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By • Jane Wiseman &Stephen Goldsmith

This post originally appeared on Stephen Goldsmith's Better Faster Cheaper blog on Governing.com.

One of the most important questions a local-government official can ask is "why?" Government typically does today what it did yesterday. But what if local officials looked anew at their cities' goals and measured activities and results against those goals? Such a review might indeed lead to changes in the mix of current activities and identification of new ones.

Santa Monica, Calif., has started on one such path, asking whether what the city is doing is making a difference in people's lives. Santa Monica defined the goal of government as improving the well-being of its residents. The visionary behind this effort is Julie Rusk, who serves as the city's chief well-being officer. "It sounded simple," she said. "Define, understand and measure what matters most: how people are doing. There was just one thing. No one had ever done it before."

Inspired by possibility, the team began planning. Santa Monica's Well-being Project was a winner of the Bloomberg Philanthropies' inaugural Mayors Challenge with a proposal to collect data to measure well-being and use the results to restructure how government responds — to put money into activities that improve people's lives and stop funding things that make no difference. The city created an index of well-being, plans to carefully measure the benchmarks and its progress towards the goals, and built a performance management system to support the effort.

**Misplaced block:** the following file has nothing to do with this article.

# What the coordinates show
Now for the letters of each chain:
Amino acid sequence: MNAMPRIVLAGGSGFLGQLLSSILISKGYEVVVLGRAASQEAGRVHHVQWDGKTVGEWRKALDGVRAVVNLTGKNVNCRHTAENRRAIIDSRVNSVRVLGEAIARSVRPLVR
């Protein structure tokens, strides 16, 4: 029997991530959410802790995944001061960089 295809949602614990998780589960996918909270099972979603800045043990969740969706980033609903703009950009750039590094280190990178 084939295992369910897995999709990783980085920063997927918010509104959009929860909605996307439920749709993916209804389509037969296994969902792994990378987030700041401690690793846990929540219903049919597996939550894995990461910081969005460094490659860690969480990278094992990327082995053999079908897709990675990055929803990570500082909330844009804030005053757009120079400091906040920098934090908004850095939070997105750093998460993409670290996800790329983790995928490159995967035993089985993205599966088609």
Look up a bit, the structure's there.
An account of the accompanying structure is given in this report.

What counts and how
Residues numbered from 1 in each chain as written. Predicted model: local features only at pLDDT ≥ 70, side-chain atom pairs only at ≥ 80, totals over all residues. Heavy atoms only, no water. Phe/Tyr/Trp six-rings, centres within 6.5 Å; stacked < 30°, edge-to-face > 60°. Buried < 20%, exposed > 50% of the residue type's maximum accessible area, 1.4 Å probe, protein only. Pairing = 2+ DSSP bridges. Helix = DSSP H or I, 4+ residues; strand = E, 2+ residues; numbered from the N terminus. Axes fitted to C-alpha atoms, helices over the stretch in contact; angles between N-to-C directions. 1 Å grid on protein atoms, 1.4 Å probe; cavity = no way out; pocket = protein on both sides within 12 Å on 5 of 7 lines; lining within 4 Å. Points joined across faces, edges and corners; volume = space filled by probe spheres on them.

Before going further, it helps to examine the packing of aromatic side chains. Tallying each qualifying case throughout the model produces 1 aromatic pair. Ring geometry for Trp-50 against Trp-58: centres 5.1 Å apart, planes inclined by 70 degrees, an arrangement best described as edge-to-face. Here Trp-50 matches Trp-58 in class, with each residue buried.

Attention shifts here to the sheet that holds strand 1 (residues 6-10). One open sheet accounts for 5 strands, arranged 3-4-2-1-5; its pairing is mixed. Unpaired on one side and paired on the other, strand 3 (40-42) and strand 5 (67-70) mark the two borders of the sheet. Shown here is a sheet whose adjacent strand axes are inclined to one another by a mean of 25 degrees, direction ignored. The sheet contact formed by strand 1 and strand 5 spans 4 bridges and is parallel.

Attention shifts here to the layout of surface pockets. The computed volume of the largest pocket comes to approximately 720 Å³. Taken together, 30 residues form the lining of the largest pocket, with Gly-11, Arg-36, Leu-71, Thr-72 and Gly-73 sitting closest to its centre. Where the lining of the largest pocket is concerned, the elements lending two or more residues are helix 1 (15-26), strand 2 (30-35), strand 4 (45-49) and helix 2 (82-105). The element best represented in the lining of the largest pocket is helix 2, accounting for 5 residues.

So how do you define well-being? Santa Monica defined it as providing its residents with the ability to thrive while living a life of health, happiness and meaning. While the definition might not be the same in every region or community, and not every city may decide to elevate well-being as Santa Monica has, the act of intentionally defining the goals of government and measuring progress against them should be a starting point for all leaders.

As Santa Monica City Manager Rick Cole put it, "Government exists for a higher purpose than just providing specific services. Its ultimate goal is to help the people in the community thrive. And while well-being may not be a government service per se, it should be the outcome of the collective work of city employees."

What Santa Monica officials are doing is remarkable, not just for the kind of outcomes they have focused on but also for their thoughtful and deliberate process. They leveraged world-class academic insight and received input from 7,000 of the city's 90,000 residents. The Well-being Index has more than 100 data elements drawn from a survey of individual well-being, publicly available social-media data, and city data on everything from crime to voting and library usage. These three forms of data together enable a deeper understanding than any single data source would, and they create a picture of geographic and topical areas where the city is doing well and where it needs to do more. The resulting insights are shared publicly with easy-to-understand explanations and infographics.

The process of collecting and analyzing the data unlocks value in itself. For example, survey results showed a neighborhood with a very low average well-being score, so the city put together a cross-departmental team to come up with innovative solutions. As project manager Lisa Parson said, "We should have been reaching across silos all along, but this got us to the table to collaborate on a concrete project." The project has also put a spotlight on the quality of data. When the initial Well-being Index was released two years ago, some departments whose data was not included decided they wanted to be counted, and many are now, owing to their data-quality improvements.